If you wish, put something like this in config/initializers/formtastic_config.rb:

JustinFrench::Formtastic::SemanticFormBuilder.all_fields_required_by_default = false
JustinFrench::Formtastic::SemanticFormBuilder.required_string = "(required)"
JustinFrench::Formtastic::SemanticFormBuilder.optional_string = "(optional)"


  • web apps = lots of forms
  • forms are so friggin’ boring to code
  • semantically rich & accessible forms really are possible
  • the “V” is way behind the “M” and “C” in Rails’ MVC – it’s the ugly sibling
  • best practices and common patterns have to start somewhere
  • i need a challenge


  • it should be easier to do things the right way than the wrong way
  • sometimes more mark-up is better
  • elements and attribute hooks are gold for stylesheet authors
  • make the common things we do easy, yet still ensure uncommon things are still possible



It’s incredibly opinionated, incomplete, a work in progress, messy around the edges, messy in the middle too, tightly coupled to the database, tightly coupled to “my way” of doing things and also incredibly lacking in unit tests so far, but I hope you try it and offer some suggestions and improvements any way.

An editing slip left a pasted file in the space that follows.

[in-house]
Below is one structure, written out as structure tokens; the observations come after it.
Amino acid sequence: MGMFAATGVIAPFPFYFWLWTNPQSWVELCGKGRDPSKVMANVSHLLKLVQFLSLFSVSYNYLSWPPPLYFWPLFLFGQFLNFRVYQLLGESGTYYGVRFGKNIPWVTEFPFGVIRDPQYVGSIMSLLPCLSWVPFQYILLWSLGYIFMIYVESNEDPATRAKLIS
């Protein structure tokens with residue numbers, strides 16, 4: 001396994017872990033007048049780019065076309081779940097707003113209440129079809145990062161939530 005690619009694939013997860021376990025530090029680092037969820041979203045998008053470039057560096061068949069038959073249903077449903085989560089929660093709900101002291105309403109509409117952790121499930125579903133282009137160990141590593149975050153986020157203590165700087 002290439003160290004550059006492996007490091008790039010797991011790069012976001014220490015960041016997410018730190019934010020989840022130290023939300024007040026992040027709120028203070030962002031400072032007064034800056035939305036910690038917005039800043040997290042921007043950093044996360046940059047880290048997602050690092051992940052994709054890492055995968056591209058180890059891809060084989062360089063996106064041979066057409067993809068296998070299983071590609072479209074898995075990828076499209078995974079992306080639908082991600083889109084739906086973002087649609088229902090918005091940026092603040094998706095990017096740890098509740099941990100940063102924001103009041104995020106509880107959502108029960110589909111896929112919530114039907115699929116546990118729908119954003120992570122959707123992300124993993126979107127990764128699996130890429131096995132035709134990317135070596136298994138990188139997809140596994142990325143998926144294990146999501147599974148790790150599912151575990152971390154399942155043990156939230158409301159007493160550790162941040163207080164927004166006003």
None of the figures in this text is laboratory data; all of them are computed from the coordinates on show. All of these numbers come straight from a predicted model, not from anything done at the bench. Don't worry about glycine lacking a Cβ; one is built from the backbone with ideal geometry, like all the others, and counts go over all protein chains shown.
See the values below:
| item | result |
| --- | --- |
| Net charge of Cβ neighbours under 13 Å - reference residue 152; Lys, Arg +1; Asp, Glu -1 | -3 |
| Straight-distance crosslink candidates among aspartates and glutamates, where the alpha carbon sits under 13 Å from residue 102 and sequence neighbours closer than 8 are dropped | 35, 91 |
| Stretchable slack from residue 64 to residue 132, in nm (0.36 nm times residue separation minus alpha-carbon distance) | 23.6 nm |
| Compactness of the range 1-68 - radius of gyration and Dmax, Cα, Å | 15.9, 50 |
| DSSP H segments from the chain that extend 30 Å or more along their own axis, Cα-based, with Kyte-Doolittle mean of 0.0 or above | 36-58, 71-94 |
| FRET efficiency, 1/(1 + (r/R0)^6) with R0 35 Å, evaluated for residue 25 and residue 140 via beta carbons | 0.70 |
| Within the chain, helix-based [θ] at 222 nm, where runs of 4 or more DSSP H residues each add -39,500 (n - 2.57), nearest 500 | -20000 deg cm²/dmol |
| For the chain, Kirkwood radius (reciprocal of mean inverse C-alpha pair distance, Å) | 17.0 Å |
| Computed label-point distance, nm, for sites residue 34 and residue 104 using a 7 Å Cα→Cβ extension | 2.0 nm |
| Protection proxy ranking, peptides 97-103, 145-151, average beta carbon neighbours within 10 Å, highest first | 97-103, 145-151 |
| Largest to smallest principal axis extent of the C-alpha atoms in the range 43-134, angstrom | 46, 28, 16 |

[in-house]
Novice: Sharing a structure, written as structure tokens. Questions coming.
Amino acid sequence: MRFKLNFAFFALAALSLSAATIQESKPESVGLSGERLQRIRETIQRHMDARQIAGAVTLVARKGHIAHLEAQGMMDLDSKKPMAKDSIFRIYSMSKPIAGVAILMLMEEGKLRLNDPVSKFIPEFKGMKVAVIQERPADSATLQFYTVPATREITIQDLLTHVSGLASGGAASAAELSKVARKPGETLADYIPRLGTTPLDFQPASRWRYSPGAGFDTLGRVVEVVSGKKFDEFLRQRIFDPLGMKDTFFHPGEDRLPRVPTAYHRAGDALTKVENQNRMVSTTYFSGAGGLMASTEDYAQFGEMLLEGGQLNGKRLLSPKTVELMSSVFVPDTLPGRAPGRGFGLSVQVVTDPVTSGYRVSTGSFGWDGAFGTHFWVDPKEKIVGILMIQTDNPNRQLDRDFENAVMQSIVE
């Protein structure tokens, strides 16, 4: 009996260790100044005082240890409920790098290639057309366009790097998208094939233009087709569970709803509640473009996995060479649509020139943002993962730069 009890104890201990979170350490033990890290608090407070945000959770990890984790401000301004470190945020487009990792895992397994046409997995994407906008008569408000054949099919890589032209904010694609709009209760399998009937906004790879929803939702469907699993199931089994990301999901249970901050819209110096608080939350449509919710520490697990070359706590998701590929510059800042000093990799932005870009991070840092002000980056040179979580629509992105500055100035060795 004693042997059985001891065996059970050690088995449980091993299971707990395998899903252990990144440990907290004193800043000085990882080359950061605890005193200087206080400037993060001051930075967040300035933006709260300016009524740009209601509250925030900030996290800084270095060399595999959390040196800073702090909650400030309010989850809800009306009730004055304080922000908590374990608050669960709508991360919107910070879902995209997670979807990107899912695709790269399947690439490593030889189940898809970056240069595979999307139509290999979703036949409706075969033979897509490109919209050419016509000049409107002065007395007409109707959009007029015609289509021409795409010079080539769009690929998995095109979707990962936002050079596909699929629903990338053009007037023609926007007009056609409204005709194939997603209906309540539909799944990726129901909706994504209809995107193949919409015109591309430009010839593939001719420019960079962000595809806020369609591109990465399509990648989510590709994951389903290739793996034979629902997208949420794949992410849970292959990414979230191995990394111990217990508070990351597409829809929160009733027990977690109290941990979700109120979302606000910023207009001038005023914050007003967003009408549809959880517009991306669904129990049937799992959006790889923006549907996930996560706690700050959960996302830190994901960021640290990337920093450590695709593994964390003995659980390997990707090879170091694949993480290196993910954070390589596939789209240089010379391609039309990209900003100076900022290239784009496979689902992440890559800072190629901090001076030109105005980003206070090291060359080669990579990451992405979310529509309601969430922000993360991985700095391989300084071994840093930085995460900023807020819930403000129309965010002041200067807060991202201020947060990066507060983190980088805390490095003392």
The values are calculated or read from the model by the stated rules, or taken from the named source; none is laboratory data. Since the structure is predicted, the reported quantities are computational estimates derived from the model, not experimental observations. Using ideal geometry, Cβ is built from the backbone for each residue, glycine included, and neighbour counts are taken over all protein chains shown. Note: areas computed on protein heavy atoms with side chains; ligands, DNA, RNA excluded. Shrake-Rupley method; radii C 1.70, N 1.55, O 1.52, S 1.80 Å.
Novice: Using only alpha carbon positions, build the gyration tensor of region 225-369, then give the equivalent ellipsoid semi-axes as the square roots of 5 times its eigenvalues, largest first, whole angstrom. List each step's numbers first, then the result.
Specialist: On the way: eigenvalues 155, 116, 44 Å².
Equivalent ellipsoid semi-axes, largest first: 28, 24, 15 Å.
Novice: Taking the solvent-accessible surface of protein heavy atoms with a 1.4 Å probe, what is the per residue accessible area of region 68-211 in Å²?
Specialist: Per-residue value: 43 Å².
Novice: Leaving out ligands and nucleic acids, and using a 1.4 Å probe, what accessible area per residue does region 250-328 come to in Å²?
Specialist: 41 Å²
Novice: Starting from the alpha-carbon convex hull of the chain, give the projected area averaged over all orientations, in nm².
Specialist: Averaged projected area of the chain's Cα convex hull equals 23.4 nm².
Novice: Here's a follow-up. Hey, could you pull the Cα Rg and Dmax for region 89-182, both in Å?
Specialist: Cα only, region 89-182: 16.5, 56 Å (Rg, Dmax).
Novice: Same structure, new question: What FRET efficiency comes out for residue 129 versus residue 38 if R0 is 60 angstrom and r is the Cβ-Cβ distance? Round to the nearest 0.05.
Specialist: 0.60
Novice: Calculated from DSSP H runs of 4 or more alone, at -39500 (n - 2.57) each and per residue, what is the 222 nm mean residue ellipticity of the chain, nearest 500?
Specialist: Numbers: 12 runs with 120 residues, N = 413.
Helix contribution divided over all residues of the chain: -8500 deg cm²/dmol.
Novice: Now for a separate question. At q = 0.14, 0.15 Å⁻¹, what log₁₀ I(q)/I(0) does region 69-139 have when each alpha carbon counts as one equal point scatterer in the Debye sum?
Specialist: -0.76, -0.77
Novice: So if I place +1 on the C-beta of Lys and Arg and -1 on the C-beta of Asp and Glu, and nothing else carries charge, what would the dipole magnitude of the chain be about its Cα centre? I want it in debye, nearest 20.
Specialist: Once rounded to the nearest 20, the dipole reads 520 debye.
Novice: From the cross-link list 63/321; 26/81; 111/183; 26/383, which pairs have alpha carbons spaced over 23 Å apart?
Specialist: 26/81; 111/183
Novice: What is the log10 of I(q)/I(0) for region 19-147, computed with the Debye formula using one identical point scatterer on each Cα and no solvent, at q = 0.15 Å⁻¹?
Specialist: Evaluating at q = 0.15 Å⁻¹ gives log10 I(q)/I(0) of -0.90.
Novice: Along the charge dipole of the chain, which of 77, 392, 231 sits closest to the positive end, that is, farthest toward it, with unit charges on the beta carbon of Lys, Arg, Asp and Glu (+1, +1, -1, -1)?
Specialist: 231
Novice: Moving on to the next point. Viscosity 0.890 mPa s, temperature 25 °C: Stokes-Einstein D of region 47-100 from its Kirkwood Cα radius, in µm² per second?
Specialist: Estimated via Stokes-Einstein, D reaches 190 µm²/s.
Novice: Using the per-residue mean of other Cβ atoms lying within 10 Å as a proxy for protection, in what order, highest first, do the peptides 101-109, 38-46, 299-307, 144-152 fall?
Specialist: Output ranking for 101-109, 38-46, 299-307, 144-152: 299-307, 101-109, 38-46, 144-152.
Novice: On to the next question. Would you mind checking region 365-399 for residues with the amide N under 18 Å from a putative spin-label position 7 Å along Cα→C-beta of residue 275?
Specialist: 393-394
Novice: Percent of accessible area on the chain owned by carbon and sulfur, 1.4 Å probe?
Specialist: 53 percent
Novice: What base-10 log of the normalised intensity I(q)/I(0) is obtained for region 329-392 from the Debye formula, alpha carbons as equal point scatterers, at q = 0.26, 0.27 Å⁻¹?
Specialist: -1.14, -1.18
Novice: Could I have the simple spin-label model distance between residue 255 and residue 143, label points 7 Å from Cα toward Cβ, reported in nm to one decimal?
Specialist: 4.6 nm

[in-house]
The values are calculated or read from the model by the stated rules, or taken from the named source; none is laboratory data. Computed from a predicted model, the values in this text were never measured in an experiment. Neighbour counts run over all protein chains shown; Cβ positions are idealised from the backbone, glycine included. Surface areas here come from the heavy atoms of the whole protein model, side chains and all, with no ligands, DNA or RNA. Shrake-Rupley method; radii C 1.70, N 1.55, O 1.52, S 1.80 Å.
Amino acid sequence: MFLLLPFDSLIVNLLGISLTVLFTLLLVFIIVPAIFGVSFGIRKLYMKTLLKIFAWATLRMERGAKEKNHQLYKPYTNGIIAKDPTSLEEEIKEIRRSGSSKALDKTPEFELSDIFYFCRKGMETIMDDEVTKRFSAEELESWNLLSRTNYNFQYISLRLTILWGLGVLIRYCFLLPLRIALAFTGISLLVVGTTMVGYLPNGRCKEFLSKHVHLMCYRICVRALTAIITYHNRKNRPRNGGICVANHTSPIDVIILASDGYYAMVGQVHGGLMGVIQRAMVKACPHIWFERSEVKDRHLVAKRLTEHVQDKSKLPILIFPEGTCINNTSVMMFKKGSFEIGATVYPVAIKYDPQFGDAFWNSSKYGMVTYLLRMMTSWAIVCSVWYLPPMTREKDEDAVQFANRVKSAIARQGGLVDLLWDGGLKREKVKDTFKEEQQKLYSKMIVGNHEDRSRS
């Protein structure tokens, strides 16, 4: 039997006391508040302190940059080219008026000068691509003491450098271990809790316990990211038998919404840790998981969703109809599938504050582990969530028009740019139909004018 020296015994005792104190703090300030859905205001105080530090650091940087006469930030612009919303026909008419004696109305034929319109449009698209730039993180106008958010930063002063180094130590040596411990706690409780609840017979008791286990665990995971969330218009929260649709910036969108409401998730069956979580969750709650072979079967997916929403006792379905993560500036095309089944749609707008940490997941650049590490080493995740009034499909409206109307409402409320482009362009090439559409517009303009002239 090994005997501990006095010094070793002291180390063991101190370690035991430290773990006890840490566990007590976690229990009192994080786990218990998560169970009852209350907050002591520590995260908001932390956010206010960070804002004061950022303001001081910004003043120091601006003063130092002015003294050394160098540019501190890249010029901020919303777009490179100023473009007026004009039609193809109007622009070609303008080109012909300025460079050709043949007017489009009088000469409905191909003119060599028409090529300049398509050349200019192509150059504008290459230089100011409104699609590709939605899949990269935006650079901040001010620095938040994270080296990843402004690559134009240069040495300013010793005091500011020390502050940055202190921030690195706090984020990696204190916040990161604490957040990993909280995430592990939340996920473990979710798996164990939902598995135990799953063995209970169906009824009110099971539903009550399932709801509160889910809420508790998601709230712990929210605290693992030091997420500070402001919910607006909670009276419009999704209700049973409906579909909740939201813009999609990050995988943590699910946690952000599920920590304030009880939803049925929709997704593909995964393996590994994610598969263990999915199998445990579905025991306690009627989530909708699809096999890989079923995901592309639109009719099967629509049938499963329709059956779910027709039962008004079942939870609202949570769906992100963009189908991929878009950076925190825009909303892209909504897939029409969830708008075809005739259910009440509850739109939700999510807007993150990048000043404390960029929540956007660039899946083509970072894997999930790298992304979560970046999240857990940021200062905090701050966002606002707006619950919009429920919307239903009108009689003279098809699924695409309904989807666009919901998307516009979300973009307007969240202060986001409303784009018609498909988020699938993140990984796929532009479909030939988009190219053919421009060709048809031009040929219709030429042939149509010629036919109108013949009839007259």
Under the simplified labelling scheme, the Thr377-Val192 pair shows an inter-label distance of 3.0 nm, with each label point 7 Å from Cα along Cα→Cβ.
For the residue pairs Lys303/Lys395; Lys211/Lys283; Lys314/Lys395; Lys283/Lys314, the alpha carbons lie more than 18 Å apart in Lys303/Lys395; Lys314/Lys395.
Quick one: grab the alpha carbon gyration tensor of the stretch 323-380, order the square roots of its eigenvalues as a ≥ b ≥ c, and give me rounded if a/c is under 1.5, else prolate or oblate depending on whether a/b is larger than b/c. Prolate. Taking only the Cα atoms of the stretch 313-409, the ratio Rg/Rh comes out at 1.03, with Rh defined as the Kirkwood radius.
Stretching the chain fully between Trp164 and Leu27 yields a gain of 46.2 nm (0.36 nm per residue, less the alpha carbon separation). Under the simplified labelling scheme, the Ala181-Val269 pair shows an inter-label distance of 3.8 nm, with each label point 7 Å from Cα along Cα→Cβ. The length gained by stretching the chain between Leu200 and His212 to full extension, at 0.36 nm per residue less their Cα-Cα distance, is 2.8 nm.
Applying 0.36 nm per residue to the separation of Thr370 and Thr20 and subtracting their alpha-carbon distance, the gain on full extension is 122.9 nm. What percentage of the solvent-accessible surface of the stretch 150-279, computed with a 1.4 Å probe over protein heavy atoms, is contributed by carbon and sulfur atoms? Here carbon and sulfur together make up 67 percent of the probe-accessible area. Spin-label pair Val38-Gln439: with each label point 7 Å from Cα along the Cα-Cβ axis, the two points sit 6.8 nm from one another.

• There’s plenty of TODOs in the code
  • get the basic form_for implementation complete, proven and well tested (did I mention how laborious testing form builders is?)
  • provide generic, reusable, stylesheets that prove this stuff works
  • probably do a shortcut like <%= form.inputs :name, :login, :email, :bio %> for those that want the form with zero configuration


The smallest example:

<% semantic_form_for @user do |form| %>
  <% form.input_field_set do %>
    <%= form.input :name %>
    <%= form.input :email %>
  <% end %>
<% end %>

With an output something like:

<form id="new-article-form" action="#" method="post">
    <legend><span>Create a new User</span></legend>
    <fieldset class="inputs">
        <li id="user_name_input" class="required string">
          <label for="user_name">Name <abbr title="required">*</abbr></label>
          <input type="text" id="user_name" name="user[name]" size="50" />